These actors deploy websites to advertise their business. The subscription (re)sellers depend heavily on the reseller network to create a viable business. In turn, the reseller network may employ subscription mules in order to expand the country coverage. These are regular subscribers who agree to share their subscription.
End users have a wide variety of technological options for viewing the content. These options vary in price and reliability and depend on the customer’s technical capabilities and knowledge, convenience and user experience, as well as hardware equipment. Considering that most likely the end user may have an average quality smartphone, they can directly access content by downloading and installing a streaming app.
The most popular apps that can also run on a PC are Kodi, Mobdro, Terrarium, Popcorn time, SPMC, Plex and Vavoo. Apps like Kodi do not provide access to infringing sites unless additional functionality (addons) is installed. This requires some (minimal) technical knowledge on the side of the end user. Other apps including browser addons provide direct access to infringing sites and can be considered illegal.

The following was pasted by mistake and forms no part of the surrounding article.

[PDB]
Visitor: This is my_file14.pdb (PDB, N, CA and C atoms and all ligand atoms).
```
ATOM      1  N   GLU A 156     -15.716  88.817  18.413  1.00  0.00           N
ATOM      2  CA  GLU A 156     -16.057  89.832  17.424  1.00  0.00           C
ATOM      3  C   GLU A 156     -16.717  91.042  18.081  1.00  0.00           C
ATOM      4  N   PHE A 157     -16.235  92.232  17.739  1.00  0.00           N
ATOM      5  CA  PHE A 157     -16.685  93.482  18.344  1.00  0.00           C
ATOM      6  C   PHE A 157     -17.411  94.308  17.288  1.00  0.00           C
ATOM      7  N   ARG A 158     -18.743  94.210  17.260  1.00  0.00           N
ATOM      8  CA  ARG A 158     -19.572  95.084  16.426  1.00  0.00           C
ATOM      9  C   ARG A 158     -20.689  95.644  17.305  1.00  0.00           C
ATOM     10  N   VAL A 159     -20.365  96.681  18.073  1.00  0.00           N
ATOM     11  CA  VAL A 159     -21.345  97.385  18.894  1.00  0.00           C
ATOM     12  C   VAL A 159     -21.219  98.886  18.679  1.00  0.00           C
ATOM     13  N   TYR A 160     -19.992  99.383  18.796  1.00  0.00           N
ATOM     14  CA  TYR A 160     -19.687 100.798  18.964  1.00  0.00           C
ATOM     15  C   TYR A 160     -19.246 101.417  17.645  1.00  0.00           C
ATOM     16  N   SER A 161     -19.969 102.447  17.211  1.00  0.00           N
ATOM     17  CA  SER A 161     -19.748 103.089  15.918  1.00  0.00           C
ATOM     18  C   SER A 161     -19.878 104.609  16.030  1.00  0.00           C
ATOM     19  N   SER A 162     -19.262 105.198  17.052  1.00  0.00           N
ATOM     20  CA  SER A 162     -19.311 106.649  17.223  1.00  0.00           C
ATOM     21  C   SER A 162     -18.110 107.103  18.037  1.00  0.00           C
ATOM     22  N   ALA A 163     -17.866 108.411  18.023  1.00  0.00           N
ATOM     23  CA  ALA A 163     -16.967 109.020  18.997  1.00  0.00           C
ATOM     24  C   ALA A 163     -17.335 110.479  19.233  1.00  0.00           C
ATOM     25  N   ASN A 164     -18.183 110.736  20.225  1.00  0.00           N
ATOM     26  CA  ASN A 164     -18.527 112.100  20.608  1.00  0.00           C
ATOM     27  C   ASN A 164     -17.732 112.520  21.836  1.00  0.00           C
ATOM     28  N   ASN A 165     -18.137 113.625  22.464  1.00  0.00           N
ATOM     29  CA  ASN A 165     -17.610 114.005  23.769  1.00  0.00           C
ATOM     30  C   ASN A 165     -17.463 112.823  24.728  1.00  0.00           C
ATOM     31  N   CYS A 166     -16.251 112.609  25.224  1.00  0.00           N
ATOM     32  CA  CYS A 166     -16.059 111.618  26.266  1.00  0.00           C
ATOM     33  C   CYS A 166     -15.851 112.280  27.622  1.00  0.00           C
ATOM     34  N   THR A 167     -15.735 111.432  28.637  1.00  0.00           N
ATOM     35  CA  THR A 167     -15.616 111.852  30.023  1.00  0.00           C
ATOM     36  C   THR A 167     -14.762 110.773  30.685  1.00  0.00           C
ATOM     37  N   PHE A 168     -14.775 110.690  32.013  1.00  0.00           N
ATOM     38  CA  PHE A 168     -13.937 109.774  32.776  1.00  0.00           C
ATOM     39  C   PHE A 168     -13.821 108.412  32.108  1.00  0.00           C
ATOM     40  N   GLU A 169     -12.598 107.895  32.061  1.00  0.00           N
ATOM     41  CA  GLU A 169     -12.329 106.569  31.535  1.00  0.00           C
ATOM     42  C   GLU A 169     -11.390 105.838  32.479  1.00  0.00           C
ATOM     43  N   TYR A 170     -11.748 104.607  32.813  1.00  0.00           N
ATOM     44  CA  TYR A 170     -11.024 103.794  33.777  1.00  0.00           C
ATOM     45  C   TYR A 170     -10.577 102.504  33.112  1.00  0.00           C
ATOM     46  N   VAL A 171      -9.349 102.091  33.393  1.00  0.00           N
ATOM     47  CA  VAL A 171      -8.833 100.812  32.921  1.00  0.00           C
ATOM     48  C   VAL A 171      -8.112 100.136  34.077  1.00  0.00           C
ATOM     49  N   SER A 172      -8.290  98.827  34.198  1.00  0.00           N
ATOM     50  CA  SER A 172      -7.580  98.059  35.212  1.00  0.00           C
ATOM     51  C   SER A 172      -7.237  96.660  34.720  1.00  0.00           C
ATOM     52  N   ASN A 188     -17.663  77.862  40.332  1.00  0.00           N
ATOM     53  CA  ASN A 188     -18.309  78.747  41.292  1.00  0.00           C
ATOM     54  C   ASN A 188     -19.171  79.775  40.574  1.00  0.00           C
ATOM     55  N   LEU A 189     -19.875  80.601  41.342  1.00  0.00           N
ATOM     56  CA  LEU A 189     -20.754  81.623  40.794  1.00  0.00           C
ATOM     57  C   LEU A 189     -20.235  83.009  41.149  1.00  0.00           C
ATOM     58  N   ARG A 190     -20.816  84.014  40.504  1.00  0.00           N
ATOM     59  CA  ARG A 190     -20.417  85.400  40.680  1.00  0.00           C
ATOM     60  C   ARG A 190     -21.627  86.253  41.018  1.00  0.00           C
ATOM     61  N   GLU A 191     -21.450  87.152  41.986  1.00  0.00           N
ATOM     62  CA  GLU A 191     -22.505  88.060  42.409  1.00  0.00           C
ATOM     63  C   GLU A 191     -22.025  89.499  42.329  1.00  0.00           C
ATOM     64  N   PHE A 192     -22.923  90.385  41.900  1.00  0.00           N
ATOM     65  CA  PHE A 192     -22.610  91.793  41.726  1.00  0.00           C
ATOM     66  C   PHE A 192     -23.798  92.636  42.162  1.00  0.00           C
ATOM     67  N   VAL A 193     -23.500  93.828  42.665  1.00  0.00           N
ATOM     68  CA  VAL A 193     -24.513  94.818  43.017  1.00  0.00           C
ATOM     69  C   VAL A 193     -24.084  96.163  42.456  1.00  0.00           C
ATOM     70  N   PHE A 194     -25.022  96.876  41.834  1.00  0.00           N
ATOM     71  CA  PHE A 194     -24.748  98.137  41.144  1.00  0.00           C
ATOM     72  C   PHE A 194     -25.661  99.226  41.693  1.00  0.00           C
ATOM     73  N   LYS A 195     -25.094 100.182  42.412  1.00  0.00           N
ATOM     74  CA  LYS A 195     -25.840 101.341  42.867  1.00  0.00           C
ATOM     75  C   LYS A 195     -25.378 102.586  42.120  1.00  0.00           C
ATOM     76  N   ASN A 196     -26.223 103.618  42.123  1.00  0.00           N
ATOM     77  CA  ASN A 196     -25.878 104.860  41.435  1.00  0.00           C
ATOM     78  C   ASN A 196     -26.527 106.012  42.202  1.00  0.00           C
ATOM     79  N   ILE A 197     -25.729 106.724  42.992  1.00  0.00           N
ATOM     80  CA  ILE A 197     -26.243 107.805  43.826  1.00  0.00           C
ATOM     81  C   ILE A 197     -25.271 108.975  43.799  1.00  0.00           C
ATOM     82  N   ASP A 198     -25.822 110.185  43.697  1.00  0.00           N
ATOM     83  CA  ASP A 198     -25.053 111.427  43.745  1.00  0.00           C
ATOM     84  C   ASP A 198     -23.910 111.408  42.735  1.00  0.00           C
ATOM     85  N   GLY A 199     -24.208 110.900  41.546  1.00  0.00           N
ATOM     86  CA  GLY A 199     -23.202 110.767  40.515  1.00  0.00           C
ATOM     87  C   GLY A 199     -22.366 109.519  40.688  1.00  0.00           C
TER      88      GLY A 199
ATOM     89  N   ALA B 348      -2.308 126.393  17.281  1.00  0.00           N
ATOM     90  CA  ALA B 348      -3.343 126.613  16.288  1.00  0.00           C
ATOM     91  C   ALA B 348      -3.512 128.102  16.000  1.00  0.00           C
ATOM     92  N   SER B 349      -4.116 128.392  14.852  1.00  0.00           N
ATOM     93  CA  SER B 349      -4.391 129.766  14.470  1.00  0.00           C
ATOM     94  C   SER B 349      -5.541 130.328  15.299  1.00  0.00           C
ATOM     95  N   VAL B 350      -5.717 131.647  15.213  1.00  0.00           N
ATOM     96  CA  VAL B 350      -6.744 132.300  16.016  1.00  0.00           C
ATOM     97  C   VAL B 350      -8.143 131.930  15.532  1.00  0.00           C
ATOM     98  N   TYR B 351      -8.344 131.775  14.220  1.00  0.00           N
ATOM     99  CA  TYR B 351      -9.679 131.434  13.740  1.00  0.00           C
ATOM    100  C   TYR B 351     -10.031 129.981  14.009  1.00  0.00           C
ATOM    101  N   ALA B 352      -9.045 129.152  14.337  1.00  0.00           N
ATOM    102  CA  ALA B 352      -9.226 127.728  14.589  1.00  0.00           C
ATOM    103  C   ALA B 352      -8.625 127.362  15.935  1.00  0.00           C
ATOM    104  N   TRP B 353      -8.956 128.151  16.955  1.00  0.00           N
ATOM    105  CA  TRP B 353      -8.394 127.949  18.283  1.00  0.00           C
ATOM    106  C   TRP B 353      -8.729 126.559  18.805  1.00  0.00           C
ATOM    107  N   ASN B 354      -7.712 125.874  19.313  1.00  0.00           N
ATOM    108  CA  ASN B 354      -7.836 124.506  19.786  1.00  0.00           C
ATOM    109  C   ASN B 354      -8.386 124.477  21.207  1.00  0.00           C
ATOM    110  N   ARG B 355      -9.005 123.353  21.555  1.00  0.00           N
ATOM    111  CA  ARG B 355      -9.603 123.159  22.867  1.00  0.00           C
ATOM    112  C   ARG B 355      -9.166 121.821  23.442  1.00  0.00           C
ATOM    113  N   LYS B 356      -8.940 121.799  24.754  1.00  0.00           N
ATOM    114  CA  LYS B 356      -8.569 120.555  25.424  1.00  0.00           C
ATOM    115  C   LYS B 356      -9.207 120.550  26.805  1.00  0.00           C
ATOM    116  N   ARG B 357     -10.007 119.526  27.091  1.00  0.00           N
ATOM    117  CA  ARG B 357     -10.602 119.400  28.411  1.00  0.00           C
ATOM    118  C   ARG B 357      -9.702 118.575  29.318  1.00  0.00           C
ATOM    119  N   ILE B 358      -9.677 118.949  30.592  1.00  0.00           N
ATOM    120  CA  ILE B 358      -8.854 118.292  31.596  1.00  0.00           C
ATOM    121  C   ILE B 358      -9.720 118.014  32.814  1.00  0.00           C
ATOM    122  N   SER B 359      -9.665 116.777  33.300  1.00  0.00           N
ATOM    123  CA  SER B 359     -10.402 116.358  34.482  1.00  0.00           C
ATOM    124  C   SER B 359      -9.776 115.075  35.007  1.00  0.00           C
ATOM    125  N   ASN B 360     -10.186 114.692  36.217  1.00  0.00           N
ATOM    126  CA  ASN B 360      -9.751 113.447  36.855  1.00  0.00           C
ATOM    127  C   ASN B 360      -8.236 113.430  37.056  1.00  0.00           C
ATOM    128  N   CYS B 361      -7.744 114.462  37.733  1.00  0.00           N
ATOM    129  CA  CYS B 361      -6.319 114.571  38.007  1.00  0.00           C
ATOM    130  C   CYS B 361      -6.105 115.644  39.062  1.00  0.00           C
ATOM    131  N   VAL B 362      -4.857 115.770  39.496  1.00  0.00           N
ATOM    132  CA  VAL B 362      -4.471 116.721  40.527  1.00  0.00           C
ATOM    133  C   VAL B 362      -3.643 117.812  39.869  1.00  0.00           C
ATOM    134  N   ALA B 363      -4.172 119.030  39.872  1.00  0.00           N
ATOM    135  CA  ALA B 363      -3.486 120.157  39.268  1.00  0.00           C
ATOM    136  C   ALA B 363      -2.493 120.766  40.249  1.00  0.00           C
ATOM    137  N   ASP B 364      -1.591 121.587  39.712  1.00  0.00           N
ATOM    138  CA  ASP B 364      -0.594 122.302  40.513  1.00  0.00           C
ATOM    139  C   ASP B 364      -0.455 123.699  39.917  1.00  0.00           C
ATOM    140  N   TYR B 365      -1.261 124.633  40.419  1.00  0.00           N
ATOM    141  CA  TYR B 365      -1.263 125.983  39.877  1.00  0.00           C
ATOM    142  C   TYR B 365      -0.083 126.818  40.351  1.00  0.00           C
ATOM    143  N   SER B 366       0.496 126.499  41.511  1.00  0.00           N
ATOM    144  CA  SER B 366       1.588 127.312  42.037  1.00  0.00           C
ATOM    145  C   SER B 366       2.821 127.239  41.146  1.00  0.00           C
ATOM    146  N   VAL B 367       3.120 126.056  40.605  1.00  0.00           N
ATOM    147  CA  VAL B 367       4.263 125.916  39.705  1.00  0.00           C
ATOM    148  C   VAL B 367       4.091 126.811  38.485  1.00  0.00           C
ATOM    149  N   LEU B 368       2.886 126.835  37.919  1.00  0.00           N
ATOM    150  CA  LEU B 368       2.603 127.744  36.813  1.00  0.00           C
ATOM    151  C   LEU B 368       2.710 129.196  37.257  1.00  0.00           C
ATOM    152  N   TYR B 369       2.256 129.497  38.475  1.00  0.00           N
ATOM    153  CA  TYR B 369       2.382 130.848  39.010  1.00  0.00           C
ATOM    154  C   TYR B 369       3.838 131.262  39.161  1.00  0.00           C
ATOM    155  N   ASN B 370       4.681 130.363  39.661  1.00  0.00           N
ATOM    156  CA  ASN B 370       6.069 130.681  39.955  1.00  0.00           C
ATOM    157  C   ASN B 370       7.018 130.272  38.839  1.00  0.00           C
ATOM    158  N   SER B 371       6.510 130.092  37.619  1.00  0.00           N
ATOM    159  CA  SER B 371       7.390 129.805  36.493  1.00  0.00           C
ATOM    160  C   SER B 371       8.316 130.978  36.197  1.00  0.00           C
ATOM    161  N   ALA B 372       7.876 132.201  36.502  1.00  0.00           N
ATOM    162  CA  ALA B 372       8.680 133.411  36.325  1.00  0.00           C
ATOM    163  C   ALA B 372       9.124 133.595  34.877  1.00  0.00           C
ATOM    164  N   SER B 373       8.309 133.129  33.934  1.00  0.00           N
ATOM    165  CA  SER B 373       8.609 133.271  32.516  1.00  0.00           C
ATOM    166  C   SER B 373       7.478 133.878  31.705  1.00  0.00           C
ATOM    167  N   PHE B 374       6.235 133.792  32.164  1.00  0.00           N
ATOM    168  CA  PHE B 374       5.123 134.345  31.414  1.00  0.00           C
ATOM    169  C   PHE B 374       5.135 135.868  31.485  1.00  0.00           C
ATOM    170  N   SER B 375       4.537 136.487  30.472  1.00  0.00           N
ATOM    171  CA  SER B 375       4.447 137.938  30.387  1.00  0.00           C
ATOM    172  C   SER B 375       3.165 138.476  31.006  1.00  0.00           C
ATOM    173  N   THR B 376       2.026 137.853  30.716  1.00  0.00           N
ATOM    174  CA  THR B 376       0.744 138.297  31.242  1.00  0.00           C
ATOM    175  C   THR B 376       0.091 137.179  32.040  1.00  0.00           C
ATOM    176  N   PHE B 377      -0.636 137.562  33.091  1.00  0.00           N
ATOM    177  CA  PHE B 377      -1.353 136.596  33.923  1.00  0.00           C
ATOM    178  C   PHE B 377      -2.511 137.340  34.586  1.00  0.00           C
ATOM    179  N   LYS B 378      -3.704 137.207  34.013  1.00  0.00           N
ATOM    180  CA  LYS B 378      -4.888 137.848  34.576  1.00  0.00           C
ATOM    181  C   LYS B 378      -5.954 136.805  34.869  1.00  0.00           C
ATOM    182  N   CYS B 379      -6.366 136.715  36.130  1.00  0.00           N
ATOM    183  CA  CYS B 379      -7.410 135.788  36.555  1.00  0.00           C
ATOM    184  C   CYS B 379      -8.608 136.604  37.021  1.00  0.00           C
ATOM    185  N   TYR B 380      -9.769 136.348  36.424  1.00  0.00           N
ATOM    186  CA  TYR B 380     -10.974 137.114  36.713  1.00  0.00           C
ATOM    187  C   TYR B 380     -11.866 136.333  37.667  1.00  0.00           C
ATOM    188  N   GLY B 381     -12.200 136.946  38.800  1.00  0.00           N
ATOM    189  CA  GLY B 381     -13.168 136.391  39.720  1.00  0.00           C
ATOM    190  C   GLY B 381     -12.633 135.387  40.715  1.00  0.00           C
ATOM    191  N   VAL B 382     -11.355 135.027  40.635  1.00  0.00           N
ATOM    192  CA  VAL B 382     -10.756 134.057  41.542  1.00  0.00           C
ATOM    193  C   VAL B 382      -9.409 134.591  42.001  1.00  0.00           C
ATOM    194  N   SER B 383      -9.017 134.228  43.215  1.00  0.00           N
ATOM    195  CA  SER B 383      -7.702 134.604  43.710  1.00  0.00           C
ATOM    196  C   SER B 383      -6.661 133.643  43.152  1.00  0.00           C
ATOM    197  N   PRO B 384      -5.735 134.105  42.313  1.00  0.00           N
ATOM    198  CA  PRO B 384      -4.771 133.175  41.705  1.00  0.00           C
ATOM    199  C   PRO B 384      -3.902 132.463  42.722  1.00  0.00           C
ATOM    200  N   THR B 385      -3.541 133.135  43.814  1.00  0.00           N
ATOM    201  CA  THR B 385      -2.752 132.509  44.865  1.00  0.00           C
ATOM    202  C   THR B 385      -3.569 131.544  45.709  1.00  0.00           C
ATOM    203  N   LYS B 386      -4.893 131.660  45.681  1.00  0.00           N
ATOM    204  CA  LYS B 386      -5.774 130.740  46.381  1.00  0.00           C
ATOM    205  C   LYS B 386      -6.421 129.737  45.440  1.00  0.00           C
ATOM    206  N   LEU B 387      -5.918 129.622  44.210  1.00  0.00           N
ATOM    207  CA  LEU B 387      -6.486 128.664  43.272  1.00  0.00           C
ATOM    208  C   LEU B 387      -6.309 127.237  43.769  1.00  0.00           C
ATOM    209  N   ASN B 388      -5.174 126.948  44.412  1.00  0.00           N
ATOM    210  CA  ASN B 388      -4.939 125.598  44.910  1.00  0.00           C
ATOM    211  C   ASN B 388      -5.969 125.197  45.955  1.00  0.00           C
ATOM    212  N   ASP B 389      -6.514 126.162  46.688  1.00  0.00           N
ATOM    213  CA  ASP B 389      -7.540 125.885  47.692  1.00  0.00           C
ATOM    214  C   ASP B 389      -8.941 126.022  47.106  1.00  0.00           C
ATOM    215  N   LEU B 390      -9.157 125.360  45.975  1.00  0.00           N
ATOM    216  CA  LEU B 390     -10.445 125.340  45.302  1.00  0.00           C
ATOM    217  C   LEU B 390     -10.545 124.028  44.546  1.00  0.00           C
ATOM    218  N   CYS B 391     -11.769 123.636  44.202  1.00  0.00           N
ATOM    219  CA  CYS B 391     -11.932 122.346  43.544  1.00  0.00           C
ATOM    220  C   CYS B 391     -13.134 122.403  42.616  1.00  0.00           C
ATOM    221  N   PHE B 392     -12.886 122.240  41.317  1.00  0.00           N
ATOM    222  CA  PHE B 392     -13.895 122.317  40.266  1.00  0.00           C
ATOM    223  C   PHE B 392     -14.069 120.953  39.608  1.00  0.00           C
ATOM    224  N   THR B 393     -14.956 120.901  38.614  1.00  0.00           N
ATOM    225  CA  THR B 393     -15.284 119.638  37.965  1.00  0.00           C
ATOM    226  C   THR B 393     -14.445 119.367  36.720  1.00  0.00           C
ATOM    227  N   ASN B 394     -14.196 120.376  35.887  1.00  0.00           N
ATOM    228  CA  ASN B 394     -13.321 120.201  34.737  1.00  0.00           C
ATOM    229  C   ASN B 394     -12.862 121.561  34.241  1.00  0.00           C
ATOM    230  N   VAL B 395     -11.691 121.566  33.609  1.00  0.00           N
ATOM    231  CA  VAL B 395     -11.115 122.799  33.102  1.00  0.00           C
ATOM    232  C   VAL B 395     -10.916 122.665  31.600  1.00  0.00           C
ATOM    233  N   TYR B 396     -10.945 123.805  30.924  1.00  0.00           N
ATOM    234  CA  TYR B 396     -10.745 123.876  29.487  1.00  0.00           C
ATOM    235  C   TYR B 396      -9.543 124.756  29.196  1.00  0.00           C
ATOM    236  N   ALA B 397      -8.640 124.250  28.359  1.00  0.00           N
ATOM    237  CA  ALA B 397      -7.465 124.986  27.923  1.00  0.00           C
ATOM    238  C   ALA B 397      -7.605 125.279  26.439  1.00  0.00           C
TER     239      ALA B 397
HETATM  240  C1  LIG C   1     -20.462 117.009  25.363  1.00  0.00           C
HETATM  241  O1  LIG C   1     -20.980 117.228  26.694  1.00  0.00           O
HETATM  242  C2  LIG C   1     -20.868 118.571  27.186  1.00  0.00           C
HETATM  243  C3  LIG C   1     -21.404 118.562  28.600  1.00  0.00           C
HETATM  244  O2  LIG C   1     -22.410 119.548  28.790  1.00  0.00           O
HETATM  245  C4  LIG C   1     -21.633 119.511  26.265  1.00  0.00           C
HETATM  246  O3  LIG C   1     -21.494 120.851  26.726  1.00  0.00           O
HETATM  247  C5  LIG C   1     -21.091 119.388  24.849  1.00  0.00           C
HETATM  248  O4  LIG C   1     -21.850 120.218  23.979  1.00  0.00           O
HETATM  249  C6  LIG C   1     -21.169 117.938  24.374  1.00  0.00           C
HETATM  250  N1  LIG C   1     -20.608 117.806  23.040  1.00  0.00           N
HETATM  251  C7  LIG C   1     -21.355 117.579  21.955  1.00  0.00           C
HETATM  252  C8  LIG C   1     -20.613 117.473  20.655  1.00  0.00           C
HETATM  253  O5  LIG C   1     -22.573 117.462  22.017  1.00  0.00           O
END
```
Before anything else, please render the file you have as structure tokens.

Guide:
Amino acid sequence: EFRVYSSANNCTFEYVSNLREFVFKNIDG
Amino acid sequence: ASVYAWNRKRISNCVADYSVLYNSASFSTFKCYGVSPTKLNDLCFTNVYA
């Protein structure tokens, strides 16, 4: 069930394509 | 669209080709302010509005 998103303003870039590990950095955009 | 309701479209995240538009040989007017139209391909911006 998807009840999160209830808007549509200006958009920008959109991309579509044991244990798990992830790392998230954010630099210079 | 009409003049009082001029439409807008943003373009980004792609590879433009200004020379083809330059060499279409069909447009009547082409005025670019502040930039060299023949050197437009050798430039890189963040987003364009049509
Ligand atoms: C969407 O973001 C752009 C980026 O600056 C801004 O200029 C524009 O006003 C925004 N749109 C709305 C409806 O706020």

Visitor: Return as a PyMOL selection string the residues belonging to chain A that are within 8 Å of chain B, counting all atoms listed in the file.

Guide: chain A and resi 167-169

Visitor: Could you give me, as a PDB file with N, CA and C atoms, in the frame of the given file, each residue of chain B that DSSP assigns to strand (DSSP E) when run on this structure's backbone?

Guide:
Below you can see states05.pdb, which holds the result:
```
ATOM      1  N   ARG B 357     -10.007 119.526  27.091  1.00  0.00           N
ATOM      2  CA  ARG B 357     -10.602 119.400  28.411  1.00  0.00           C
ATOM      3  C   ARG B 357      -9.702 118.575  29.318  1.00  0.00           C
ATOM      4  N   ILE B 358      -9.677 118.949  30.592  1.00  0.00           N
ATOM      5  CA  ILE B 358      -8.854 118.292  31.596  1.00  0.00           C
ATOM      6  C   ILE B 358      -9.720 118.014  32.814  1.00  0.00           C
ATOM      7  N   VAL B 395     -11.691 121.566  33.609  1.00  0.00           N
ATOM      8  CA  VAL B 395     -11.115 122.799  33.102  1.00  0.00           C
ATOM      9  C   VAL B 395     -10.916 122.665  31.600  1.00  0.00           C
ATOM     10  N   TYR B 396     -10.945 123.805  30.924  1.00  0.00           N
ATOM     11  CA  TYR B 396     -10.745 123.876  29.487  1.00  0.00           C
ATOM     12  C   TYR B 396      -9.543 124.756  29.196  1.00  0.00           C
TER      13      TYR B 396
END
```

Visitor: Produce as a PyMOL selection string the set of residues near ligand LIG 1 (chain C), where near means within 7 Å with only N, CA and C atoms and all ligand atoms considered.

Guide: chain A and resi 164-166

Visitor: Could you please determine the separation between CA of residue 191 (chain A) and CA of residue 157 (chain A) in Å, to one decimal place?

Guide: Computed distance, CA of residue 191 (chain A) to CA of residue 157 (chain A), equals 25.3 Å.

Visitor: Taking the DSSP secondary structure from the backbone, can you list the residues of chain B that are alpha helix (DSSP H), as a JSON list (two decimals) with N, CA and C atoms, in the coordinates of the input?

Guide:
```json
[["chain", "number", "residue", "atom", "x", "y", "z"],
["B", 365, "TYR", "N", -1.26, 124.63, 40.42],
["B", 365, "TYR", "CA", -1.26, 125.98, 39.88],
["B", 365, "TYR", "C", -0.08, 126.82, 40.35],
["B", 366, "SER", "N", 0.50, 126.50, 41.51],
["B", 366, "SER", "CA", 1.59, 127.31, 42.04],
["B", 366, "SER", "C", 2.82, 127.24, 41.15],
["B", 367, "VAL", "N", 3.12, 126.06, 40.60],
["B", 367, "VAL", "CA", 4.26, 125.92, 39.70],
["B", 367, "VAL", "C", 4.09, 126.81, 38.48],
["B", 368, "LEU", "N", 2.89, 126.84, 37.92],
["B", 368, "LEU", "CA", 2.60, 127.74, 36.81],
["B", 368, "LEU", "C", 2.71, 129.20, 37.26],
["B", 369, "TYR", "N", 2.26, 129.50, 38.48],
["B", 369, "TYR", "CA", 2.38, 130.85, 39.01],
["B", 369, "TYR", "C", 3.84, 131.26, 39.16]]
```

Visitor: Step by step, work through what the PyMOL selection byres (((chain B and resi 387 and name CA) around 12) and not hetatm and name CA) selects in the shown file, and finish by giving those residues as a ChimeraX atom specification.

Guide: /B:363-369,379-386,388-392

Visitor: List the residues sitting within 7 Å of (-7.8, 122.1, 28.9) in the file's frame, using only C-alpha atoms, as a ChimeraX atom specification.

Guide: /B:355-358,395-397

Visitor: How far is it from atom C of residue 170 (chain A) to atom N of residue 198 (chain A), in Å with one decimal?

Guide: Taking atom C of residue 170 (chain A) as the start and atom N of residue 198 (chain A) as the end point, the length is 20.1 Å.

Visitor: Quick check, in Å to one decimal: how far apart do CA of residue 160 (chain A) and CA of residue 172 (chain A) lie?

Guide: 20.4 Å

Apple’s app store and Android’s play store may host streaming apps for download, irrespective of their infringing nature. However, some apps that have been removed due to their infringing capabilities or are not hosted in the app store in the first place, are available as APKs to be downloaded from third parties. This makes the Android platform a more popular choice for accessing AV content but also increases the risks of infecting the devices with malware.
At the same time there are customised apps that are purpose made. These involve app developers modifying existing software frameworks and products to create a branded version of a player. An example of this is king365tv.com.
Most of the streaming software can be installed on a PC, either as standalone or as a player addon (e.g. for Kodi). Strictly speaking, the streaming software provides an interface for managing the m3u files that contain the streaming links and EPG information. These files can be opened and the streams can be viewed through any player capable of reading an m3u format, such as VLC.
However, to improve the user experience and add intuitive and user-friendly navigation and menus, additional software is used. Many users may also purchase specific hardware to keep permanently connected to their TVs. This is referred to as a hardware media player and encompasses a wide variety of devices, such as Set-top boxes (STB) and streaming sticks. These typically run on one of the three popular operating systems (Android, Linux, iOS).